The Minnesota company that earlier this year shared preliminary designs for a four-story building at the former Osceola hospital site recently submitted a full proposal for the project. The village government has also passed two changes to its zoning ordinance that could make the project possible with conditional use permits.
Gaughan Companies, based in Forest Lake, Minn., is applying for three conditional use permits: one to allow the building to be as tall as 45 feet; one to have residential units on the ground floor in what’s considered a business district; and one to disturb more than 10,000 square feet of ground.
The former hospital building Gaughan proposes to tear down and replace with its “Osceola Bluffs” development has been empty for about 15 years. The company says it is in “hazardous condition” and the development will be a net benefit for the St. Croix River.
“Our argument is that the more people who live and work near the river, in an environmentally responsible way, the better off the natural environment will be,” the company says. “People will engage with the land and the river, and become connected to it.”
But the building will also be an unmistakable sign of human civilization to many users of the St. Croix River. The busiest access site on the river, Osceola Landing, is located across the water and slightly downstream.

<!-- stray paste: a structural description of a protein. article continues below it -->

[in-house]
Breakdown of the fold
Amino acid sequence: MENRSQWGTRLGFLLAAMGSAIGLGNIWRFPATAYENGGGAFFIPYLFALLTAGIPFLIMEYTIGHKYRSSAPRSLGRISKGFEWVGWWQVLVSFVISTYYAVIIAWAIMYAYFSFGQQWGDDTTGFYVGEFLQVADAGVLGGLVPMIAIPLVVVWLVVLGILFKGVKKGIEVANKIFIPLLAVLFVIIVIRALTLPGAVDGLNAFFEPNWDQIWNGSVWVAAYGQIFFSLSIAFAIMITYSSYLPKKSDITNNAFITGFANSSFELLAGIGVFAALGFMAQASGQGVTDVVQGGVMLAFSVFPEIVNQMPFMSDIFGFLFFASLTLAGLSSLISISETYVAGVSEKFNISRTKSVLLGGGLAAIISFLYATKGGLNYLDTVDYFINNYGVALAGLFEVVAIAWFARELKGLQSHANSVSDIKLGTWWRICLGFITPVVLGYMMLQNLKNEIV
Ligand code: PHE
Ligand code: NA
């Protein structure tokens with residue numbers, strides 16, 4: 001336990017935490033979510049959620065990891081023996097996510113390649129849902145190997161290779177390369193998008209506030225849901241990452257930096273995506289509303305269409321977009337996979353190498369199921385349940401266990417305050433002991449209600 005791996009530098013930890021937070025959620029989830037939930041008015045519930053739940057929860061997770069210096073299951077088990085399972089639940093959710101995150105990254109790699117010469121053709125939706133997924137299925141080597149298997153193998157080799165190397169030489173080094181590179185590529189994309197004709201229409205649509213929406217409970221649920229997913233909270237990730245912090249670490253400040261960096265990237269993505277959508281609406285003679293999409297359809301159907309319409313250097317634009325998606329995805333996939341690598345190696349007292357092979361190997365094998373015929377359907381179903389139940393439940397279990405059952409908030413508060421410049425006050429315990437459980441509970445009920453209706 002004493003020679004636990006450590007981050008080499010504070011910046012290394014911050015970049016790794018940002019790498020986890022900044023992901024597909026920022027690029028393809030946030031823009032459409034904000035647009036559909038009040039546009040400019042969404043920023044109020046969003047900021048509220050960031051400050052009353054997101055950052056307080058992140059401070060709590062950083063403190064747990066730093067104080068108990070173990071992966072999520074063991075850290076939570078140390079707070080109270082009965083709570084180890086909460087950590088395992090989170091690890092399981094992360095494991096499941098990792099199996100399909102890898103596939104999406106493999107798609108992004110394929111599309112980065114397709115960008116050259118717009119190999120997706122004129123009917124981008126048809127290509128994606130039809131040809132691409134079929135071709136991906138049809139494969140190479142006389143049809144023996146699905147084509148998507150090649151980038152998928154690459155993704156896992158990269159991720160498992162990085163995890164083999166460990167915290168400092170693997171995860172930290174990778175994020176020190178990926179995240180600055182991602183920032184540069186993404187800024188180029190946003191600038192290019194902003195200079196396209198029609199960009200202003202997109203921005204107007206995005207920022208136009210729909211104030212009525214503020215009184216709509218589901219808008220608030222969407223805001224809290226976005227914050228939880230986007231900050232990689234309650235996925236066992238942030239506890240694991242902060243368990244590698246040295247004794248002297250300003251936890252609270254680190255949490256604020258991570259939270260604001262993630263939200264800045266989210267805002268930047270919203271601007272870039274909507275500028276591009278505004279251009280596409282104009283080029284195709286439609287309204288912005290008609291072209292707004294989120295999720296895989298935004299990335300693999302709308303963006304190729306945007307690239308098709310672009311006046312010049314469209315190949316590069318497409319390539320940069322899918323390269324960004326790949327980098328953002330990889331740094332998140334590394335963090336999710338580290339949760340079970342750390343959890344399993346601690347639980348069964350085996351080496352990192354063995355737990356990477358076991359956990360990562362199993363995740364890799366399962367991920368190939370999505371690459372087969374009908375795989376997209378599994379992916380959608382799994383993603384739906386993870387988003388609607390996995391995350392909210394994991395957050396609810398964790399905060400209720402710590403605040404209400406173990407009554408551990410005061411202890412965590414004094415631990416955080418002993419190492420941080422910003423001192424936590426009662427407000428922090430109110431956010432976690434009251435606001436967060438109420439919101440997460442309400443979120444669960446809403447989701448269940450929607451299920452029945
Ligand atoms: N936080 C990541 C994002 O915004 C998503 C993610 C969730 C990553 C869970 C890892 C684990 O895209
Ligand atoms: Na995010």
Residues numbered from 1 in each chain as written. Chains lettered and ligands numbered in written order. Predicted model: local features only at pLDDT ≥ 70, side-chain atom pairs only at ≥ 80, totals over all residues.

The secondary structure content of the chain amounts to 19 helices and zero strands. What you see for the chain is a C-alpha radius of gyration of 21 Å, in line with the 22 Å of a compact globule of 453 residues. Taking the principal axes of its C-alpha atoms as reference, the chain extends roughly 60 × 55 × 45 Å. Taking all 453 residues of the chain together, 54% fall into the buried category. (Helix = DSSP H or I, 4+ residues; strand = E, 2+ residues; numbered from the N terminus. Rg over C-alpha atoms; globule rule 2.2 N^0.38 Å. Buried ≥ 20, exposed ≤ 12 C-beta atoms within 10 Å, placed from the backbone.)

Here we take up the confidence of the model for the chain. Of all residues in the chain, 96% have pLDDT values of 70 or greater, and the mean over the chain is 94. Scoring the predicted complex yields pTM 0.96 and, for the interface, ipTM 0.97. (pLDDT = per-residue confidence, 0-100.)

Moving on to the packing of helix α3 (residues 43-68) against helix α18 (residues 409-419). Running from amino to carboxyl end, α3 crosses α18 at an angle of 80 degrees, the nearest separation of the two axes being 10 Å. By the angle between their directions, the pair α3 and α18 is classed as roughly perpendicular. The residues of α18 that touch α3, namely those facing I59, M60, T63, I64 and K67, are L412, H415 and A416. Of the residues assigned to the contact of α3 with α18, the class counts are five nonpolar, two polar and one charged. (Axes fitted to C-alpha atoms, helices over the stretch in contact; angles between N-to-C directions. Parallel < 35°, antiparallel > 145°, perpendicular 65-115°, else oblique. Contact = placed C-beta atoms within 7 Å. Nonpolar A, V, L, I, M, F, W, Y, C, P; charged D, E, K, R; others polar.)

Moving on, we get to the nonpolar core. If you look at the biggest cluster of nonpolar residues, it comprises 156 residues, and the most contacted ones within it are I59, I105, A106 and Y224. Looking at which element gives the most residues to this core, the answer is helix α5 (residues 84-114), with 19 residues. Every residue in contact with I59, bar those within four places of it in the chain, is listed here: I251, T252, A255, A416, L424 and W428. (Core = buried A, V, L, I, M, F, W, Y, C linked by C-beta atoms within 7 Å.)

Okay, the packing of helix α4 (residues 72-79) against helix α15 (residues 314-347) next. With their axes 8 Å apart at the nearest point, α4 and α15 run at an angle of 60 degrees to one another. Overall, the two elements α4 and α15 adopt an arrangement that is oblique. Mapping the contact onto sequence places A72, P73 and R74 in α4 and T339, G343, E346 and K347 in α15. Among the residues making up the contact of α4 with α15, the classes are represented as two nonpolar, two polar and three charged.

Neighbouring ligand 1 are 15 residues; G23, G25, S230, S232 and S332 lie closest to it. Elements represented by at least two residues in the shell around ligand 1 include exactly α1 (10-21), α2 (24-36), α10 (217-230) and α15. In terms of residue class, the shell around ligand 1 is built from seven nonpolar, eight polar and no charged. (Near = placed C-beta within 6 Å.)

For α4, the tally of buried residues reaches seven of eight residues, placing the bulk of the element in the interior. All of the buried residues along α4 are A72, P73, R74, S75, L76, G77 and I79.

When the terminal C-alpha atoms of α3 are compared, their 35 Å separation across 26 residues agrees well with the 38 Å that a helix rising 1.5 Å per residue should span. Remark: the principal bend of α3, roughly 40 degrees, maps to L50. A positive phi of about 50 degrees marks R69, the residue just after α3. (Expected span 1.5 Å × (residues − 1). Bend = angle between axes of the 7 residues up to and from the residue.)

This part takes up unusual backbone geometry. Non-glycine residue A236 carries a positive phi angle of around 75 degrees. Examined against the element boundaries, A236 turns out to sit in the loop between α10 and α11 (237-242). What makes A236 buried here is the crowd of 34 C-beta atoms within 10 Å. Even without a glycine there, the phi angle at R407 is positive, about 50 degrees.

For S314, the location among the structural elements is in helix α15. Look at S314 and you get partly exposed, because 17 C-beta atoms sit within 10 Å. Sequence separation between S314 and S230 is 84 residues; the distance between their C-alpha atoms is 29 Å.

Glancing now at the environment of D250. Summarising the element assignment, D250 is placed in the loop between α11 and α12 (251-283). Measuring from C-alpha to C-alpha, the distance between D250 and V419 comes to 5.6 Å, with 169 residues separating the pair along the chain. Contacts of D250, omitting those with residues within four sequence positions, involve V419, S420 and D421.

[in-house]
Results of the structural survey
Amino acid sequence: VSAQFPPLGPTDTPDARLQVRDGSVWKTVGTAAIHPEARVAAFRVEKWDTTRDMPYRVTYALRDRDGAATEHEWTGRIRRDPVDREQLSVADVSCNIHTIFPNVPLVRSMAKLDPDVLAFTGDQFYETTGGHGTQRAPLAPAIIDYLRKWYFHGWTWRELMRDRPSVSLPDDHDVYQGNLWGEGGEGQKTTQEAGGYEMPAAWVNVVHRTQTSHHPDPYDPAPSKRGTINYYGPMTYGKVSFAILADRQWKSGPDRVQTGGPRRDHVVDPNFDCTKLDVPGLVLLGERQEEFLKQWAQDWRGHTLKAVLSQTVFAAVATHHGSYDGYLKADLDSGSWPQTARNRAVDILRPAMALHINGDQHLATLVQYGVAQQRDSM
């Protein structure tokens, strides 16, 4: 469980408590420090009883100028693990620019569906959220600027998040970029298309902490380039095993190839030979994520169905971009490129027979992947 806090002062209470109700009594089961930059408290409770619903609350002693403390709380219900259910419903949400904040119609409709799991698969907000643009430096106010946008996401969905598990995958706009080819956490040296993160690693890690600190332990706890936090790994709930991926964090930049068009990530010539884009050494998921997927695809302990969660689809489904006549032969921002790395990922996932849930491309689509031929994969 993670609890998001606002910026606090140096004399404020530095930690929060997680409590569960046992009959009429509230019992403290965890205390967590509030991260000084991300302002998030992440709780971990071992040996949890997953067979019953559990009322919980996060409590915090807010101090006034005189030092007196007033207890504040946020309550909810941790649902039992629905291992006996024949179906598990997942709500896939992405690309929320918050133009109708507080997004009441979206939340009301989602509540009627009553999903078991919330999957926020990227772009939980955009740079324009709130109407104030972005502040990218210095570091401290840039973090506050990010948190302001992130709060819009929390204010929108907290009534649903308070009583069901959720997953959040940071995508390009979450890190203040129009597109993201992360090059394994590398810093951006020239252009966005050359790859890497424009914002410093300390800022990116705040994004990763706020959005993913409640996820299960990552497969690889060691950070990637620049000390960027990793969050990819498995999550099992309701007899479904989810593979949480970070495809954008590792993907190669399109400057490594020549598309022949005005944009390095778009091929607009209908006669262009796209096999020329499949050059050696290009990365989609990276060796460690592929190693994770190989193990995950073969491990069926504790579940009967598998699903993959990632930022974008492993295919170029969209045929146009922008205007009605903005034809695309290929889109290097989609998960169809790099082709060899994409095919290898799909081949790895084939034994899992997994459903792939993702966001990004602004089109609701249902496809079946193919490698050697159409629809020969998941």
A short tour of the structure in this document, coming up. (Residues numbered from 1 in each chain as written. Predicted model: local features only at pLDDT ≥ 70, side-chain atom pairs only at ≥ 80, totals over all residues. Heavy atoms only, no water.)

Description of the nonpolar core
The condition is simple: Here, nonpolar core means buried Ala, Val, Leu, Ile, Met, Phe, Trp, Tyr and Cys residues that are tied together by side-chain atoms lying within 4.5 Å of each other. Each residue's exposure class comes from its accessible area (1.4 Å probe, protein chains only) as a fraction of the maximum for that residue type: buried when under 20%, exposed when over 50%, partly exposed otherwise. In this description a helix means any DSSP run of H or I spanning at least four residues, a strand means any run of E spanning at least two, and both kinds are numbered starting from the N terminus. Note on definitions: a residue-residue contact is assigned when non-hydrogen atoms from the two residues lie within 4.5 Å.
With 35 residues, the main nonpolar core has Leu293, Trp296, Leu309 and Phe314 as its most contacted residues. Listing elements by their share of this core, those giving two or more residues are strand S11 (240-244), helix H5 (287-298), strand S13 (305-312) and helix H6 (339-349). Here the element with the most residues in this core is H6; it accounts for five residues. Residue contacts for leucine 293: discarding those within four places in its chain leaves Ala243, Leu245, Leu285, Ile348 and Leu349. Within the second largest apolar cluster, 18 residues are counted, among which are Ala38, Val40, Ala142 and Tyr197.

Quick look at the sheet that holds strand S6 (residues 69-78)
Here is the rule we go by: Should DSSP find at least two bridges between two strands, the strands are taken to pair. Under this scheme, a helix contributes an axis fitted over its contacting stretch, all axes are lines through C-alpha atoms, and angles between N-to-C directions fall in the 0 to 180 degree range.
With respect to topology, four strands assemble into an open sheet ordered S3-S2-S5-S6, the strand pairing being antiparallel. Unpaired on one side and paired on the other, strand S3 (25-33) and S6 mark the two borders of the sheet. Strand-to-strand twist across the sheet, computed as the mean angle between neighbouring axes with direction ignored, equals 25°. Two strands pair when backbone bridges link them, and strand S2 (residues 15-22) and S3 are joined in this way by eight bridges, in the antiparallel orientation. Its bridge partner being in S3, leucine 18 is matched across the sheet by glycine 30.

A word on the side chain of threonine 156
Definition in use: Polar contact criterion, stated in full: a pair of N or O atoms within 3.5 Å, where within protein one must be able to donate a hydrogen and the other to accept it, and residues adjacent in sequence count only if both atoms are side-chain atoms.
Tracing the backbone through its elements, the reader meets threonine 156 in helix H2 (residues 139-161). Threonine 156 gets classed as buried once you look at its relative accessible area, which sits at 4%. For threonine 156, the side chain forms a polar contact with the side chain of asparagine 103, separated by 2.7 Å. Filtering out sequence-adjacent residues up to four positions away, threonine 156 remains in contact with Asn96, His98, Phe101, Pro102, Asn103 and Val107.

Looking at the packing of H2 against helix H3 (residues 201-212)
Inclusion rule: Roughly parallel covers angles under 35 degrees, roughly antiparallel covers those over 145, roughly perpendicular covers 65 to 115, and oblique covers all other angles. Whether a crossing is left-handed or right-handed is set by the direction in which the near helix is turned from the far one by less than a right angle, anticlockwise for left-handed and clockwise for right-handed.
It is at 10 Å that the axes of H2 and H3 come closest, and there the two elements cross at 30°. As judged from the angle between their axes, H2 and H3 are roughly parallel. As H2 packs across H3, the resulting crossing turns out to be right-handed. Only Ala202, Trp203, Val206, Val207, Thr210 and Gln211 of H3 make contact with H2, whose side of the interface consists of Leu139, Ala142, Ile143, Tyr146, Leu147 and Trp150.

To receive a conditional use permit to build as high as 45 feet, Gaughan will need to meet several criteria, including that the building is “visually inconspicuous” from the river “during the summer months.”
Digital mock-ups provided by Gaughan show that the building will be almost completely hidden by trees from the river during growing the season. The company says that the building “will not be visible [from the river] during ‘leaf on’ periods.” (The Wild and Scenic Rivers Act does not only protect summer scenery.)
Gaughan says the sides of the building facing the river will be earth-toned, without exterior lighting. Materials to be used will be concrete with rock face, fiber cement siding, and brick. The company pledges “only selected cutting” of dead or invasive trees along the bluff, and “there will be no attempt to clear out vegetation to enhance ‘views.’”
The new building would have a footprint of approximately 36,000 square feet. It is proposed to include 102 apartments ranging in size from studio to two bedroom. It will also have two ground-level retail spaces designed for a fitness center and a restaurant. It will have 178 parking spaces spread between street, surface lots, and underground parking.
Gaughan touts what it says are numerous environmental benefits of the proposal, along with providing housing, business opportunities, and other community needs. It points to an engineering firm’s claim that the project will actually reduce impervious surfaces like roofs and parking lots that increase rain runoff.
Gaughan will present the plan to the village’s Planning Commission next Wednesday, May 24 at 6 p.m. A final review and public hearings for the conditional use permits are scheduled for Tuesday, June 6 at 7 p.m. Meetings are held at the Osceola Village Hall, 310 Chieftain Street, Osceola, Wisconsin.